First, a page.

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Business Processes for Outsourcing: Core vs. Non-Core

Sergei Tiunov
General Director, Outsourcing Division
BDO Russia

The purpose of outsourcing is to ensure best practice in key business components such as data processing, supply-chain management, warehousing, logistics, HR, accounting and other vital processes. By divesting themselves of these non-core activities, companies are realizing that they can focus their energy on areas where they have the competitive advantage, while differentiating themselves from their competitors and taking advantage of cost savings from the outsourced functions.

In this context we can divide all business processes into three categories:

  • Core activities are the essential, defining activities of an organization. If the organization gave those activities to an external party, it would be creating a competitor or dissolving itself.
  • Critical but non-core activities, if not performed exceptionally well, will place an organization at a competitive disadvantage or even create a risk. There are many examples of companies' failures to manage their logistics processes adequately leading to product shortages and loss of market share. Logistics is a critical but non-core activity for a producer, but it is a core activity for a transportation company.
  • Non-core, non-critical activities supply no competitive advantage. Even if performed poorly, they are less likely to seriously harm an organization in the short term, although they are still important. Examples include cleaning, catering and security.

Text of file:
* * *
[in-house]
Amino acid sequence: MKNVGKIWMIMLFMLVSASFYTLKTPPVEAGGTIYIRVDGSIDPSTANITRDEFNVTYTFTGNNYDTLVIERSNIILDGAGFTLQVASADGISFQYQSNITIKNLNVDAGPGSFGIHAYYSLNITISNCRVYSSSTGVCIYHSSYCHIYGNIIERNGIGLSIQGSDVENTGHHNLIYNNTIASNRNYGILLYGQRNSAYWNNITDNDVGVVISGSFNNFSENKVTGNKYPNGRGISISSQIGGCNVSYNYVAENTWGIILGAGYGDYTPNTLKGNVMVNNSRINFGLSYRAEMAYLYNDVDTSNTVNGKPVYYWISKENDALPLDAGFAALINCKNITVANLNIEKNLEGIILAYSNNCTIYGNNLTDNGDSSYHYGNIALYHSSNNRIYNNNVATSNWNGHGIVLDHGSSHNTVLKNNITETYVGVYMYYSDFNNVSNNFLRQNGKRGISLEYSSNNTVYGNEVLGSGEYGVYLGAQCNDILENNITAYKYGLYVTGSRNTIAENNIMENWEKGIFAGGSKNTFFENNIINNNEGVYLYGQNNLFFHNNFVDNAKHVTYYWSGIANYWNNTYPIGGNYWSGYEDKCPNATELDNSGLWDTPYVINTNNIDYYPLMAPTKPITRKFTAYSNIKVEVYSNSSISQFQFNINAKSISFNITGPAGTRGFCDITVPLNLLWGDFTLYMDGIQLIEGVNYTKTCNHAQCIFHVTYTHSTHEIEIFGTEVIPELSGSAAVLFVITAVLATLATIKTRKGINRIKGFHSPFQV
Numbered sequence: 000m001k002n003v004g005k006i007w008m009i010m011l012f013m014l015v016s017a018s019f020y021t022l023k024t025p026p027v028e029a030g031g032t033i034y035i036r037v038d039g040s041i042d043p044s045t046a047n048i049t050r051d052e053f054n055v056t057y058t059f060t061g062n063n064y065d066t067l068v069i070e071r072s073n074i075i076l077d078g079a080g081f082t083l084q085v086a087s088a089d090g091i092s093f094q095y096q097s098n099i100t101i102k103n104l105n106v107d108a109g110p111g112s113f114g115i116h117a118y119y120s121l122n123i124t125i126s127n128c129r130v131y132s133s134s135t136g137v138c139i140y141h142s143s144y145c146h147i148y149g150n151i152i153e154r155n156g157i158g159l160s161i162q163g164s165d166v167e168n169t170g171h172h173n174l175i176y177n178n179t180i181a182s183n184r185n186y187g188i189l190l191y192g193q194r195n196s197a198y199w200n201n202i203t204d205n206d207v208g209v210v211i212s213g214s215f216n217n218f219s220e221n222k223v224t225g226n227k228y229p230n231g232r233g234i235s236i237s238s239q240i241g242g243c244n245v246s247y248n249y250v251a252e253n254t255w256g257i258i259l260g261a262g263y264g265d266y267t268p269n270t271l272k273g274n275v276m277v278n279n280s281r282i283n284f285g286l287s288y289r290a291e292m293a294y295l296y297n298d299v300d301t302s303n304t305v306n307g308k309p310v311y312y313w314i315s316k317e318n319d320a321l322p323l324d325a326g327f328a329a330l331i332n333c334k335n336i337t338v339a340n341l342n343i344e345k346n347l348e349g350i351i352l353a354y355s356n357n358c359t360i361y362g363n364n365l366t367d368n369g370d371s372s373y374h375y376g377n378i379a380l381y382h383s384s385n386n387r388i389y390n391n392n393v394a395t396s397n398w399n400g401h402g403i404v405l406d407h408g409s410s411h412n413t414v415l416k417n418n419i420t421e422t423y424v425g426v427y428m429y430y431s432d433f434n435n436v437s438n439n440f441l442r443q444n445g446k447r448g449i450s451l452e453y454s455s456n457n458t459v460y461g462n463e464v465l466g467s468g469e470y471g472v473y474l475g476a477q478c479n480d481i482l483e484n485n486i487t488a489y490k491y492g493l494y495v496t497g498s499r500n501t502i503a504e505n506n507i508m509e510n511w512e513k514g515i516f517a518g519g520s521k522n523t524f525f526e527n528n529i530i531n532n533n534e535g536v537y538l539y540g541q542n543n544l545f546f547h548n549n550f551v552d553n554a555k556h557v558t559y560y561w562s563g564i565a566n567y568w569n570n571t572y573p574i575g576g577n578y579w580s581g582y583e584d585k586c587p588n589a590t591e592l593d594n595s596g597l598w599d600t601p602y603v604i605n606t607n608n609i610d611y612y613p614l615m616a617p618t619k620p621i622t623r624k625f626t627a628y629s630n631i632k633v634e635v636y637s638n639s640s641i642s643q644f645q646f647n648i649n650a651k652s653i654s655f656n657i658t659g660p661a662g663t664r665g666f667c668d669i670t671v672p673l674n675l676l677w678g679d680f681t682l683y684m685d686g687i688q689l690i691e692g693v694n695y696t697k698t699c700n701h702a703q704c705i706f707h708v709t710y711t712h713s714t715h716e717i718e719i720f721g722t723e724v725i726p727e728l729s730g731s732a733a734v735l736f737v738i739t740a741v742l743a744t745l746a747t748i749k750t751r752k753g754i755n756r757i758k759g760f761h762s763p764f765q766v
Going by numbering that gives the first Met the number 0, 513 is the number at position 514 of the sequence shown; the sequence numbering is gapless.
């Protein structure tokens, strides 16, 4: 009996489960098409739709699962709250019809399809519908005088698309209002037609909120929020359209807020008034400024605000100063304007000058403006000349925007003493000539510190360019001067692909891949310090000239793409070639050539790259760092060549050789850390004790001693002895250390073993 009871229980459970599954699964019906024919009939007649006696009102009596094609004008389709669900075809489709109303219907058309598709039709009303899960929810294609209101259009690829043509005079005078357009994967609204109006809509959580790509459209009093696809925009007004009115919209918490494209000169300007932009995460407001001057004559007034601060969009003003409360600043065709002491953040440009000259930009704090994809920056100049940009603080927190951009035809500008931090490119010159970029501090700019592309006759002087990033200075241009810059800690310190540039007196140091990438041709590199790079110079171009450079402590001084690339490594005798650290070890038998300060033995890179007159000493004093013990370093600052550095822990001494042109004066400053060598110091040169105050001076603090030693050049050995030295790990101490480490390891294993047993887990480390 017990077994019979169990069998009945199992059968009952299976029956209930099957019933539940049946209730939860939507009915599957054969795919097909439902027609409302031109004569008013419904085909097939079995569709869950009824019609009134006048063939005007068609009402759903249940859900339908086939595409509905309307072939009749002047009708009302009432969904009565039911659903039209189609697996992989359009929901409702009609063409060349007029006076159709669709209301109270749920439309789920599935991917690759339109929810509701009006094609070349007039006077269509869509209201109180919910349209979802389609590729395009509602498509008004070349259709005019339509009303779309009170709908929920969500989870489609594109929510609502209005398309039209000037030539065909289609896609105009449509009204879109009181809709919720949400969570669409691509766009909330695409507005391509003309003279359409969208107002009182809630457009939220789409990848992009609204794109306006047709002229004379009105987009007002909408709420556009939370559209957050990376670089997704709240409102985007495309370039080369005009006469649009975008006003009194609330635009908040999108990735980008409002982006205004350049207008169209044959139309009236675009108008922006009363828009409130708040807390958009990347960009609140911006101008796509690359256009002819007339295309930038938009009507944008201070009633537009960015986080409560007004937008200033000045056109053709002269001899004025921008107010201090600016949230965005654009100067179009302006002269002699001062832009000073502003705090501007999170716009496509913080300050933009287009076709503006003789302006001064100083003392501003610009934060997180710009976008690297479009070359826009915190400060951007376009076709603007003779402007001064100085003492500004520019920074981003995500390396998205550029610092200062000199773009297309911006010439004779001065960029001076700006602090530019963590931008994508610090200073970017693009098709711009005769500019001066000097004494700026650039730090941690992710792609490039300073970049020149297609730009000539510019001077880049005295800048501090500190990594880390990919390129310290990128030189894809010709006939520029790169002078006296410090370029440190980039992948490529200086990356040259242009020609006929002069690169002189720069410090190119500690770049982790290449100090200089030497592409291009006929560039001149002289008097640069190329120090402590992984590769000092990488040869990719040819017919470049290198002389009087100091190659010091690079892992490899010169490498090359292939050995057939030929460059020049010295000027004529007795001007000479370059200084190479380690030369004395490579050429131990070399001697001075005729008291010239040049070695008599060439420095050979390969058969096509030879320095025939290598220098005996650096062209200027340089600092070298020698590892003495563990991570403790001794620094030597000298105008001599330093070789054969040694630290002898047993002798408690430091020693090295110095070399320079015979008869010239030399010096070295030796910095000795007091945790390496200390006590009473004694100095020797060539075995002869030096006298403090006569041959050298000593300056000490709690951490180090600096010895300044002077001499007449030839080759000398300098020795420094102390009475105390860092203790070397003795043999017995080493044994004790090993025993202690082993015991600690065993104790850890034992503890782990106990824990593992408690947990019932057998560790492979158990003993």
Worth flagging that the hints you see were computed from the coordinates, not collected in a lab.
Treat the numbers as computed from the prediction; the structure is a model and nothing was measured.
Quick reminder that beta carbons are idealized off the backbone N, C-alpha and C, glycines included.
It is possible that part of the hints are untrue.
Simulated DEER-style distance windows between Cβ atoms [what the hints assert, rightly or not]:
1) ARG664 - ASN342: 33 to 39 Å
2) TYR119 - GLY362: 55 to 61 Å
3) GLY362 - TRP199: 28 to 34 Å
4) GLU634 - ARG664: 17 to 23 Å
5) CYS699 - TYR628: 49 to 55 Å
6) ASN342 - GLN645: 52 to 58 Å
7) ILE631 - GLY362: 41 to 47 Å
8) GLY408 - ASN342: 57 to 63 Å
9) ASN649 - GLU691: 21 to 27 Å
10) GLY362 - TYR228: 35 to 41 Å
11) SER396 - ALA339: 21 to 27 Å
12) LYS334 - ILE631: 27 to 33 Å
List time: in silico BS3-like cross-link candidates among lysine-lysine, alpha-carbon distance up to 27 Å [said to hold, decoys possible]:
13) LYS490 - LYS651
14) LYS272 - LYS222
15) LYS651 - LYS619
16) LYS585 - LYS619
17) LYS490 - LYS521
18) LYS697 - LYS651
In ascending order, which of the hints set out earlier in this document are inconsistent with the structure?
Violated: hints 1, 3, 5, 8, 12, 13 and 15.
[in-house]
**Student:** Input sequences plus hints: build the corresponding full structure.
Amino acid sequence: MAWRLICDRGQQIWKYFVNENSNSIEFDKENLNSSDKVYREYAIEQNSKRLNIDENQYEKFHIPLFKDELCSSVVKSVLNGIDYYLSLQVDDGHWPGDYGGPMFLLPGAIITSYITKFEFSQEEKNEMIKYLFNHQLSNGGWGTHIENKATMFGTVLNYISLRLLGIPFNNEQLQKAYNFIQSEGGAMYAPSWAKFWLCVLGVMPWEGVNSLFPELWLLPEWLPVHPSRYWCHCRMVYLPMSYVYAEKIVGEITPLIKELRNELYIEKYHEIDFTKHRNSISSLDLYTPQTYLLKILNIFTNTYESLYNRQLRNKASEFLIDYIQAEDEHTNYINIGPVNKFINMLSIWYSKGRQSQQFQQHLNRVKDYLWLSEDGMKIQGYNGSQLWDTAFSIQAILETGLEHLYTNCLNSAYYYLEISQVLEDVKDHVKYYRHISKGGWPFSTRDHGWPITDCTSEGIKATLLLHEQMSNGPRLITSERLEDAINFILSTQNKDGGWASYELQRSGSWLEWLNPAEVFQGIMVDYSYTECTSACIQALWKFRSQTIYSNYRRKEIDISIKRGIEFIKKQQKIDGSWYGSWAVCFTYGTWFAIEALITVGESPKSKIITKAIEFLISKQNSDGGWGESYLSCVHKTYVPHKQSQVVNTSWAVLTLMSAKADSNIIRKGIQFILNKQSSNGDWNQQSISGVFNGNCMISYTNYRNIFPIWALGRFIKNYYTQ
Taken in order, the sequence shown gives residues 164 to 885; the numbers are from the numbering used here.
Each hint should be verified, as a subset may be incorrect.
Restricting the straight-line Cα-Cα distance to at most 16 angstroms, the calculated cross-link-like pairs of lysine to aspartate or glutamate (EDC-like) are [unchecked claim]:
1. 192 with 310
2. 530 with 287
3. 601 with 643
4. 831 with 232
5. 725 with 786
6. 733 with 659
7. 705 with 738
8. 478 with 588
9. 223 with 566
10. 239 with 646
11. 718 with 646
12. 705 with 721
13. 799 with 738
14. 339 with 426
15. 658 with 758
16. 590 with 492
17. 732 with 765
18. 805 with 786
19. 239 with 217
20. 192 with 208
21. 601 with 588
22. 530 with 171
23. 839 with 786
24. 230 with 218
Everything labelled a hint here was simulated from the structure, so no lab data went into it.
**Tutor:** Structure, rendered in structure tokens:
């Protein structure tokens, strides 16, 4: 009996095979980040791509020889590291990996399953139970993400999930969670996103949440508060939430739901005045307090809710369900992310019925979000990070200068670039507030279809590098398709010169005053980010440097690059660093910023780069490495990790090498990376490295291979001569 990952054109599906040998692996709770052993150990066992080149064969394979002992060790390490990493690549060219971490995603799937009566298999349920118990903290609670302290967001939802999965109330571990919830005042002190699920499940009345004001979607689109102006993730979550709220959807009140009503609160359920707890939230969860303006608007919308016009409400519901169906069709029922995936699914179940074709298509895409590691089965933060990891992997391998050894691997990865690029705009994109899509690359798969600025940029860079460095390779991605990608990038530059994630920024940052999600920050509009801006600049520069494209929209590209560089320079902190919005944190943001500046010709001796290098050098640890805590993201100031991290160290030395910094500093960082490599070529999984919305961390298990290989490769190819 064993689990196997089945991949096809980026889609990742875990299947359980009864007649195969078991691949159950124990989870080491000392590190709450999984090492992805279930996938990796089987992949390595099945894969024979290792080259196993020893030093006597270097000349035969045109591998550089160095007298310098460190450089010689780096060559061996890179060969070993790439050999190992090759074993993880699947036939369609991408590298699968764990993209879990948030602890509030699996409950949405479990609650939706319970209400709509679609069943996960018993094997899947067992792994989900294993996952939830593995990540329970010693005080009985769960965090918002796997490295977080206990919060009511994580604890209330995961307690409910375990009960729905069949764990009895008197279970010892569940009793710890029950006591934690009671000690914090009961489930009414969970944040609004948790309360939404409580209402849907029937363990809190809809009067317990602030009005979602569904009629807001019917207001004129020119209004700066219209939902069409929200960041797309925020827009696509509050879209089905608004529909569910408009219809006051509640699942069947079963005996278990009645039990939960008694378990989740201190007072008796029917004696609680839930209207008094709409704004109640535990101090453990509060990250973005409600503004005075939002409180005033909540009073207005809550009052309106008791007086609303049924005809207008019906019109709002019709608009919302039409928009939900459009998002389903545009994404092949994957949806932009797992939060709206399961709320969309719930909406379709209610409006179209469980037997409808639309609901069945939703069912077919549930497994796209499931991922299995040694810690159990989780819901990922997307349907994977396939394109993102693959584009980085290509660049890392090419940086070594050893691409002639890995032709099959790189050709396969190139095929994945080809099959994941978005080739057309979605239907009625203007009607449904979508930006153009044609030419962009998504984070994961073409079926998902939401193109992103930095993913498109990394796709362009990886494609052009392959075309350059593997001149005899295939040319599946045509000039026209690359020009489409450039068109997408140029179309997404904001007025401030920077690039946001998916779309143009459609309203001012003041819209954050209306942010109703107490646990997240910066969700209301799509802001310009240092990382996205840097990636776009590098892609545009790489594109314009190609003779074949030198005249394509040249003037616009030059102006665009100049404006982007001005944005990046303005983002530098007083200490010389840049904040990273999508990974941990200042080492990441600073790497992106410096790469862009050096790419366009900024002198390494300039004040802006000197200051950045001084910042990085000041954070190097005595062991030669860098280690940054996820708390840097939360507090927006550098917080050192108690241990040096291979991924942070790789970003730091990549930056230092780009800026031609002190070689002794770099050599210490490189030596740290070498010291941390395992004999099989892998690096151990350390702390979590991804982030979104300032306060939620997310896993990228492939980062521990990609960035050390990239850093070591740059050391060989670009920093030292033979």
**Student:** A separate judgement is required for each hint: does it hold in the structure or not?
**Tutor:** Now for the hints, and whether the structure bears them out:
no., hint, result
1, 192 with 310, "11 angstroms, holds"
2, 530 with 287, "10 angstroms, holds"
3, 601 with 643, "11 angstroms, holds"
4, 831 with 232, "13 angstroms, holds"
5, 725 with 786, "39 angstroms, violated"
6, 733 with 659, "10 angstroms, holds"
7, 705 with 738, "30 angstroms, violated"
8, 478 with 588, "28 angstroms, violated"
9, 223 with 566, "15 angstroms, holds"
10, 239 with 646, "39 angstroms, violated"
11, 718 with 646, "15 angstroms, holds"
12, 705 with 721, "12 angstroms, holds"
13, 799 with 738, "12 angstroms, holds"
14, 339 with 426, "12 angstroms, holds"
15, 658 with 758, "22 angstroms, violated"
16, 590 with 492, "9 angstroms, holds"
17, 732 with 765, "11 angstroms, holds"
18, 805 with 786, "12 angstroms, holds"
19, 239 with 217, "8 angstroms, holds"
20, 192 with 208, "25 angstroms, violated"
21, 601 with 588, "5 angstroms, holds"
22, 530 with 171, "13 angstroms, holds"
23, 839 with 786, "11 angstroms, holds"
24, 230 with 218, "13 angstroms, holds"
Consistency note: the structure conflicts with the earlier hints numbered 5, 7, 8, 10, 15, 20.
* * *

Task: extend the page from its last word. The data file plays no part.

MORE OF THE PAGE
The increased focus on core business operations and developing competitive advantage has left companies wondering what to do with their non-core, less strategic processes, such as distribution and inventory management, accounting and HR, credit card processing and product testing. Although these processes are vital to the day-to-day operations of many organizations, users view them as overhead functions that do not define their business and, therefore, contribute little to their identity and bottom line.

This notion, however, is changing as outsourced processes help companies save money or increase productivity. In other words, a non-core business process may start to contribute to the bottom line by being outsourced.

Companies are currently determining which functions or processes are core to their business, and which are non-core yet critical. Competition and rapidly changing IT options are driving companies to realize the potential benefits of outsourcing functions and processes to parties that specialize in these areas. The total number of processes that companies consider core is inevitably shrinking, while the proportion of non-core yet critical processes will continue to expand as margins in a competitive environment are squeezed and customer service becomes increasingly competitive.

Corporations must consider all their business processes as "mission critical," examining and optimizing them where possible. Outsourcing non-core processes to vendors helps to accomplish this goal. Since these outsourced processes will then be in the hands of a vendor for which they are core, the chosen vendor must be the best of its type, excellent at the processes it does.

Today's competitive corporation must optimize every process to achieve the best possible business performance. The "core/non-core" definition merely distinguishes the processes that are best kept in-house from those that are best outsourced. The issue is not which processes are important or unimportant, since all functions contribute to overall performance.

In fact, the market tendency is to reconsider which processes make up the core set, and to outsource even some processes previously considered as integral to the internal structure, such as accounting, tax reporting, debt collection, customer support and so on. Using outsourcing effectively is therefore a great way to keep your business streamlined and functioning at the best of its competitive ability.

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